Water levels are at record highs all through Eastern Ontario, which has so far been dealing with the aftermath of a very wet spring following a very snowy winter. This is adding up to a lot of water with few places to go.
Neil Mantifel, long-time Round Lake resident, described this as a record breaking event, having never seen the waters up this high before. He said every year is unique, but this one was hard to predict and caught everyone off guard.
“This year it didn't appear that extreme,” he said. There was a lot of snow on the ground when the thaw started, but there wasn't a lot of melting going on at first. Then, a combination of warm temperatures and heavy rains triggered the deluge.
The waters rose and the Bonnechere burst its banks, he explained, noting Round Lake is the headwaters of the river.
At his property on the west side of the lake, the water has reached 4.5 metres (15 feet) in front of his house and 18 metres (60 feet) past the high water mark. He said there are 15 centimetres of water inside his boathouse.
Other properties in the area are dealing with flooding of some sort, with some totally surrounded by water, others relying on sand bags to keep the water at bay.
Spring has always been a tense time for Round Lake, which forms a catch basin in the local watershed.
“We have four rivers coming in and only one going out,” Mantifel said, a situation made more complicated by the presence of the Round Lake Dam.
The dam, operated by Renfrew Hydro, has been a bone of contention for residents for years. Built in 1911, it is used to control water levels on Round Lake, which in turn controls the amount of water heading into Golden Lake.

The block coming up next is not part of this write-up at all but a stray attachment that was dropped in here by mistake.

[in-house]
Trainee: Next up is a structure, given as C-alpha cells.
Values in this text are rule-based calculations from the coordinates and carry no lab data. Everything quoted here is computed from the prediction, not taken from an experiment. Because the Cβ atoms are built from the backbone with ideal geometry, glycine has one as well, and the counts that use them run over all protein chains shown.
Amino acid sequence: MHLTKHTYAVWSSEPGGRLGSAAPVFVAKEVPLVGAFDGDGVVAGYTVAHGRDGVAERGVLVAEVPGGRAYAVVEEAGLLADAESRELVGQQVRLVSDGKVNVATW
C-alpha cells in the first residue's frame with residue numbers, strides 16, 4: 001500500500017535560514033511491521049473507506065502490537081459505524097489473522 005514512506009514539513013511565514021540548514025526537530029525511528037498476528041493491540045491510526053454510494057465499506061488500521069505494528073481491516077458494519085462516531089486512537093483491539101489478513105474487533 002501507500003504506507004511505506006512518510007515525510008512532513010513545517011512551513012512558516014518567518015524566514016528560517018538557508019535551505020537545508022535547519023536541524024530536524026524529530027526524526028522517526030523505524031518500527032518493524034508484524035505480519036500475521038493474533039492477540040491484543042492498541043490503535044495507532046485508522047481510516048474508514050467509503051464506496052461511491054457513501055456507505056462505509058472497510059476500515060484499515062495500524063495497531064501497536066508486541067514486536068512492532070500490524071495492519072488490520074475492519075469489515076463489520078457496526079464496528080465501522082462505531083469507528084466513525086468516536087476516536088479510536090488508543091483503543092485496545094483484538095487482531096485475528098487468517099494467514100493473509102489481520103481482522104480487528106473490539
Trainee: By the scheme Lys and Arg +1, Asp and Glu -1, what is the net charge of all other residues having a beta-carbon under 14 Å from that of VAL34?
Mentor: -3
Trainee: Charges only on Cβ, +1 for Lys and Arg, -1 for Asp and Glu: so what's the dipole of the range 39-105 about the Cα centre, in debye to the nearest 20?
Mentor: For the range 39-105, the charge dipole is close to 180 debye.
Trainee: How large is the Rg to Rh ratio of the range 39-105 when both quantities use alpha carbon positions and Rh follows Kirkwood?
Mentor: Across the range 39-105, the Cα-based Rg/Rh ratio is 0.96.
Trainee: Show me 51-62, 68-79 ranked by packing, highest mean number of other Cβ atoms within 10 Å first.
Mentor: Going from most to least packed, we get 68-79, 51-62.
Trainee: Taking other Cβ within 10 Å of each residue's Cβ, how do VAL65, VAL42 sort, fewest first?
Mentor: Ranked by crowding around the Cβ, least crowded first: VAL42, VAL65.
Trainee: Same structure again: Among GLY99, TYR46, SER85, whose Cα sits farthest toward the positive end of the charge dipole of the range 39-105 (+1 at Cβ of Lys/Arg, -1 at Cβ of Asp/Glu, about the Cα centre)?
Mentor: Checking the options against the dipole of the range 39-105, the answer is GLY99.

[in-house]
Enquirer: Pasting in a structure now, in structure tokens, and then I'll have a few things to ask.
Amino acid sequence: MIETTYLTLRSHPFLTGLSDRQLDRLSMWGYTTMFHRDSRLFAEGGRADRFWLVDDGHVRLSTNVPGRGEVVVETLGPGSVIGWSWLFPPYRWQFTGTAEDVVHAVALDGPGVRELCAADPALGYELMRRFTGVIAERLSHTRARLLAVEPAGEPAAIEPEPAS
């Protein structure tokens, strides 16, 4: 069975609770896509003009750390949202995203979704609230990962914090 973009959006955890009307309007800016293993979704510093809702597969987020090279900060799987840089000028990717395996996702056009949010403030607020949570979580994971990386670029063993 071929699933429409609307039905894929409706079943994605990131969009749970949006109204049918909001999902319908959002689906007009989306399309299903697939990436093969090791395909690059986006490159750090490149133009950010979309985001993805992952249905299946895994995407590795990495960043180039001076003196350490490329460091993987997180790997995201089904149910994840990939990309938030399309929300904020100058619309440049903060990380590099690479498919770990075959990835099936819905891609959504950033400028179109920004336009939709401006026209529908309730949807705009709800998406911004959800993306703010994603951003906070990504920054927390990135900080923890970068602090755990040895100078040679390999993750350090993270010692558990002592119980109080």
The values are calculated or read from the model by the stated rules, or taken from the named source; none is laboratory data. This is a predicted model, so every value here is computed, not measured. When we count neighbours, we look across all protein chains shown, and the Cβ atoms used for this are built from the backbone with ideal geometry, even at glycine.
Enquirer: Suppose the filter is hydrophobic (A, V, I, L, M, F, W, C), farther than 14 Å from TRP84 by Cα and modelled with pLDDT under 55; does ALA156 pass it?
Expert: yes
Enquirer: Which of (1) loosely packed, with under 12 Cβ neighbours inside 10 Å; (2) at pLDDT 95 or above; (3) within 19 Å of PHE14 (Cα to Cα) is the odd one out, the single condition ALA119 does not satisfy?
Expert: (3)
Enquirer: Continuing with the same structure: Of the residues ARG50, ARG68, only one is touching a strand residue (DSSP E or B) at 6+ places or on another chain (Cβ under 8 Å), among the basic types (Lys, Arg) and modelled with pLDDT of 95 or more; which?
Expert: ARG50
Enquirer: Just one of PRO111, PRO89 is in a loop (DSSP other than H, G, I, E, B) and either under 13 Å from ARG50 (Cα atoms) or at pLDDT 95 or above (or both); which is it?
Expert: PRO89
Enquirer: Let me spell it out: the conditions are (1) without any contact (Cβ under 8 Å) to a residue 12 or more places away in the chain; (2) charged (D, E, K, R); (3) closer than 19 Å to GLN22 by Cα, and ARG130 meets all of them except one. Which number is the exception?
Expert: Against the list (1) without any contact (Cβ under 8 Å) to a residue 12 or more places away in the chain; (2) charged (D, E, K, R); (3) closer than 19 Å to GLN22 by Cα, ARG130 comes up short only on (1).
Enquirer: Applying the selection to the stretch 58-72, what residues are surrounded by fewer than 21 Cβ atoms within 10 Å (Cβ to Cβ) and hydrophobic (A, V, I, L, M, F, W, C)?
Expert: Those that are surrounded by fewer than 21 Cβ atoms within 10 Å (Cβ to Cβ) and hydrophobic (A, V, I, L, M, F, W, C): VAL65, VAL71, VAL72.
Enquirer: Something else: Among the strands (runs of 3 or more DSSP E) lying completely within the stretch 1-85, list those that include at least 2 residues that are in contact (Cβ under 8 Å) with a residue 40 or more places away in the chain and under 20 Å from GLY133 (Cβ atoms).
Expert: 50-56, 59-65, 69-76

“The only reason we have floods is that dam,” Mantifel said. Without it, the river could run its course naturally, with the floodplain downstream absorbing the excess water.
But it isn't that simple. The dam both ensures there is sufficient water for Renfrew Hydro to run its power station and prevents flooding along Golden Lake, where the residents are vulnerable.
Mantifel said he believes a little more foresight on the dam's operators could have prevented much of this, if it had been used to lower water levels to make way for the spring freshet, but that didn't happen.
Round Lake residents had launched a class action lawsuit about the situation, which had been making its way through the courts for the past decade. Recently, the property owners learned a judge had declassified the lawsuit, essentially dismissing it.
Mantifel said all anyone can do now is wait for the water levels to subside, and hope there isn't a large amount of rain or a rapid melt of all the snow that is left within the watershed to dump more water into the saturated system.
On Friday, the Pembroke District Office of the Ministry of Natural Resources and Forestry advised residents a flood warning is still in effect for Renfrew County. Residents should be aware that water levels are still high and are contributing to flooding around the county. The MNRF advised for safety, all residents should keep a close watch on conditions, regularly check for updated messages and exercise caution near fast-moving rivers and streams.
“At this time, water levels have peaked in some watersheds and are starting to decline while in others water levels continue to rise,” the MNRF stated in a press release.
“Some large lakes around the county are still partially covered with ice and snow still remains in some forested areas. Melting snow and ice will continue to contribute to rising water levels in these areas.”
The provincial government agency also advised people take extreme caution when using forest access roads for outdoor activities as many are seasonally inundated with water, prone to washouts and may be impassible due to current water levels.
The MNRF also stated any residents with flooding concerns should take appropriate action to protect their property. Anyone requiring sandbags or assistance should contact their local municipality.